Tuesday, July 28, 2009

Camera Obscura - "Let's Get Out of This Country" (LP Review)

"Let's Get Out of This Country", the 2006 LP by Camera Obscura, reaches the potential hinted at by their first two LPs: 2001's "Biggest Bluest Hi Fi" and 2003's "Underachievers Please Try Harder". Those were good, solid LPs that featured a handful of good songs. However, it all comes together for the band in LGOOTC: the production, the song writing & variety, the lyrics and the singing -- just the right combination of cleverness, earnestness, maturity, and detachment. An indie pop masterpiece.

The ease in which the band executes different styles is one of the features that separates this record from their others. Aside from the perfected indie pop sound, they also nail a smoky, downbeat country song ("Dory Previn"), a waltz ("The False Contender") and punk ("If Looks Could Kill"). The songs are slow ("Country Mile"), "vast" ("Razzle Dazzle Rose"), up-tempo ("Lloyd, I'm Ready to Be Heartbroken") and mid-tempo ("Come Back Margaret") and everything in between.

As many people have now read, "Lloyd, I'm Ready to Be Heartbroken" is an "answer" to Lloyd Cole and the Commotions' 1984 single "Are You Ready to Be Heartbroken?" from the LP "Rattlesnakes" -- "Hey Lloyd, I'm ready to be hearbroken / 'cause I can't see further than my own nose at this moment". That's a pretty obscure pull and you have to respect that. Ditto the homage to Dory Previn with the lyrics: "How I adore you Dory Previn / I turned you up to eleven for the band’s ears to bleed".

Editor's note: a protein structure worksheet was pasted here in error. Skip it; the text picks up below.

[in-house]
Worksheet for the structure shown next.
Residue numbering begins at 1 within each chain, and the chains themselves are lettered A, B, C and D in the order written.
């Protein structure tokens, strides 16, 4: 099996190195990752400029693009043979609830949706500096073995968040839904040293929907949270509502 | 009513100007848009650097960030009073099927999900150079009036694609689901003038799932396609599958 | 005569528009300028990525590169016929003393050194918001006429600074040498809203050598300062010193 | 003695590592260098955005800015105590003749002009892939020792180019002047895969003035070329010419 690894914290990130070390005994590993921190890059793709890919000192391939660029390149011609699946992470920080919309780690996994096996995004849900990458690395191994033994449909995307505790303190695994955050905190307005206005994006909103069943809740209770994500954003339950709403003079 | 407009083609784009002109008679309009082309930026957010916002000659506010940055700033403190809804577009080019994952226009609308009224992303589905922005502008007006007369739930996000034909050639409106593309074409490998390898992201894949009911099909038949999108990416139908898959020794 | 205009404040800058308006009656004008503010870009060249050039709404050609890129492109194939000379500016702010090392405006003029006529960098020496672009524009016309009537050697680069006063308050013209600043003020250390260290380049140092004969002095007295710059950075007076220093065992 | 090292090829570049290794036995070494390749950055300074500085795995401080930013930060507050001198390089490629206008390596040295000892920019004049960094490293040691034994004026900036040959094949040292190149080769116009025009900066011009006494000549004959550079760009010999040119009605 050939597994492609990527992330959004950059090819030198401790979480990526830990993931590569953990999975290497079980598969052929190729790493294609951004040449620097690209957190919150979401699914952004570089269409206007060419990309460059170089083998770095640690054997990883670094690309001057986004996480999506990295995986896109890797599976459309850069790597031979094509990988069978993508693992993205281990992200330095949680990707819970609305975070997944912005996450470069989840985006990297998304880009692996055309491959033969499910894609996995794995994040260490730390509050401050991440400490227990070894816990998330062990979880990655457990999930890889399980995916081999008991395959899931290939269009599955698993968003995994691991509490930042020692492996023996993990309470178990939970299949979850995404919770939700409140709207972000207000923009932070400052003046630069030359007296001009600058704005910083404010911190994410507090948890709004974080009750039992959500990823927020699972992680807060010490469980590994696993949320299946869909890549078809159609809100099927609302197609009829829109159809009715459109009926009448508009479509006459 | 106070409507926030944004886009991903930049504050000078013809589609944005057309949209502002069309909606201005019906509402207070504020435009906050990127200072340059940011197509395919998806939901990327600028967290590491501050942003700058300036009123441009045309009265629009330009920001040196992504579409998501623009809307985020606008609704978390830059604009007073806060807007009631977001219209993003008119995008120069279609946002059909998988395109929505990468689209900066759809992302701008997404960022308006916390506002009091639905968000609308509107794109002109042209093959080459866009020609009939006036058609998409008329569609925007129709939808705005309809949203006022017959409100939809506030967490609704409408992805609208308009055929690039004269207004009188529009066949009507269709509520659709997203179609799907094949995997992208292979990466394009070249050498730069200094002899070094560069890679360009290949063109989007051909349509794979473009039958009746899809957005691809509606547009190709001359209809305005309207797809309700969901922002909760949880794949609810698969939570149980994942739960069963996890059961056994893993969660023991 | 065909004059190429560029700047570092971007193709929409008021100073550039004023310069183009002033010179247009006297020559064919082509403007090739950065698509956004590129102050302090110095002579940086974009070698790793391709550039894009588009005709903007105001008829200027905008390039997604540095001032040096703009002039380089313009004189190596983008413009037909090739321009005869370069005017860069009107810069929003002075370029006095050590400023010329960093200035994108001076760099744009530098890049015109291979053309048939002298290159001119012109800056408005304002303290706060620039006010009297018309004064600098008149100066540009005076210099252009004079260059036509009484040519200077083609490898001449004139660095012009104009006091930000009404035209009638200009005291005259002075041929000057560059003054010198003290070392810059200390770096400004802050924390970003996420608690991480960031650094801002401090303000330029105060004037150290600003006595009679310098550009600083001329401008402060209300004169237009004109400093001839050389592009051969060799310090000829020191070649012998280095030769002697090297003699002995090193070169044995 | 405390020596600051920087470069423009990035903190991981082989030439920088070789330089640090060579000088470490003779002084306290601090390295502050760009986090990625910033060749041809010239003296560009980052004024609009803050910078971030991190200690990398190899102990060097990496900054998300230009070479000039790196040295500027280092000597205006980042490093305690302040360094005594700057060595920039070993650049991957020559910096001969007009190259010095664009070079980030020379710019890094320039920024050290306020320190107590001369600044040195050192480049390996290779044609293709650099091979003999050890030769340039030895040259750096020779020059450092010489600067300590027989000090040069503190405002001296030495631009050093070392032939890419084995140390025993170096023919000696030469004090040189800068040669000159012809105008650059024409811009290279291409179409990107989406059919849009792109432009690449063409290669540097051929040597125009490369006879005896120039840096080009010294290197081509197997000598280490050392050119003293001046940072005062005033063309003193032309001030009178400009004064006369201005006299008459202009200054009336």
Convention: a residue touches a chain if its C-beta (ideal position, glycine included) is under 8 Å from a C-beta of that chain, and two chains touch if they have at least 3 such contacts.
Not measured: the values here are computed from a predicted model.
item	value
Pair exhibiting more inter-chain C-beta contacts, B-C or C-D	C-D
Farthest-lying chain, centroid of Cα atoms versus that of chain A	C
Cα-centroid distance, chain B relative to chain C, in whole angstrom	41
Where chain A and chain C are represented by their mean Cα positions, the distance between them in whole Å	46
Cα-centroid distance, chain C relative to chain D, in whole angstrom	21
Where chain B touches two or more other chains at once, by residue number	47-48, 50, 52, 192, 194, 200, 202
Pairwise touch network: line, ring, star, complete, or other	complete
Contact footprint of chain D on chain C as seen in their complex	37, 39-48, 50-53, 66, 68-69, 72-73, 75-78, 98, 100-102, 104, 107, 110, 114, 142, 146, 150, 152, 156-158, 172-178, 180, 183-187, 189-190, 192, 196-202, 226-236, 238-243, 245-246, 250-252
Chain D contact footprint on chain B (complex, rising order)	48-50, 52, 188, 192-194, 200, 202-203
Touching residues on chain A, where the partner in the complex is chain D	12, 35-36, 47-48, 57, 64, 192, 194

The weakest song is "I Need All the Friends I Can Get". It's not really a bad song, but it also suffers from placement immediately after the "If Looks Could Kill", which is easily my favorite song. Sometimes I'll skip the preceding song, "Country Mile", just to hurry up and get to "If Looks Could Kill".

Although it is a band effort, the star of the show is definitely the dour, never-smiling Tracyanne Campell. She writes all the songs, sings and is one of the two guitarists. Producer Jari Haapalainen does a great job of capturing the band's lush yet lo-fi sound, but especially so in capturing the tension of vulnerability and strength in Campell's voice. You owe it to yourself to give this LP a listen.

Standout tracks: "Lloyd, I'm Ready to Be Heartbroken", "Tears for Affairs", "Come Back Margaret", "Dory Previn", "Let's Get Out of This Country", "If Looks Could Kill".

Skip 'em tracks: none.

Final Score: 10/10.

Sunday, July 26, 2009

Donnie Iris - "Ah! Leah!" (Forgotten Song)

You've probably heard this song a long time ago, but might not have known what they were singing. Well, in the chorus they're singing "Ah! Leah!" -- apparently chosen because it sounded good, then they realized it was a woman's name.

This was the single from the 1980 Donnie Iris LP "Back on the Streets". It is tempting to call Donnie Iris a one hit wonder, but he actually had a hit after this (1981's "Love is Like a Rock") as well a hit in 1970, "The Rapper", with The Jaggerz. Not good stuff in my book, but technically it's more than one hit.

This is a definite guilty pleasure. Sure, it's a slightly silly song, but it's got a strong hook, power chords and a good solo, so what more could you want? I remember it getting a modicum of radio airplay in early 80s. But the video... geez. It did receive a bit of early MTV play as I recall, but not much. Although I'm linking the video below, I highly encourage you not to view it. It's bad. Really bad. So very bad, it will ruin the song for you (see also: James' "Say Something" video). I've made fun of Jan Hammer in his video before, but Donnie's earnest "Buddy Holly meets your Dad's friends" look is excruciating.

I blame the video for bumping this song off the classic rock radio play list.

YouTube (don't do it!).

1981 Live version on YouTube (not much better!).

(a PBS station!) version (surprisingly good); I think this is from the show "Live From Studio A".



Saturday, July 25, 2009

Those Dancing Days - "Those Dancing Days" (LP Review)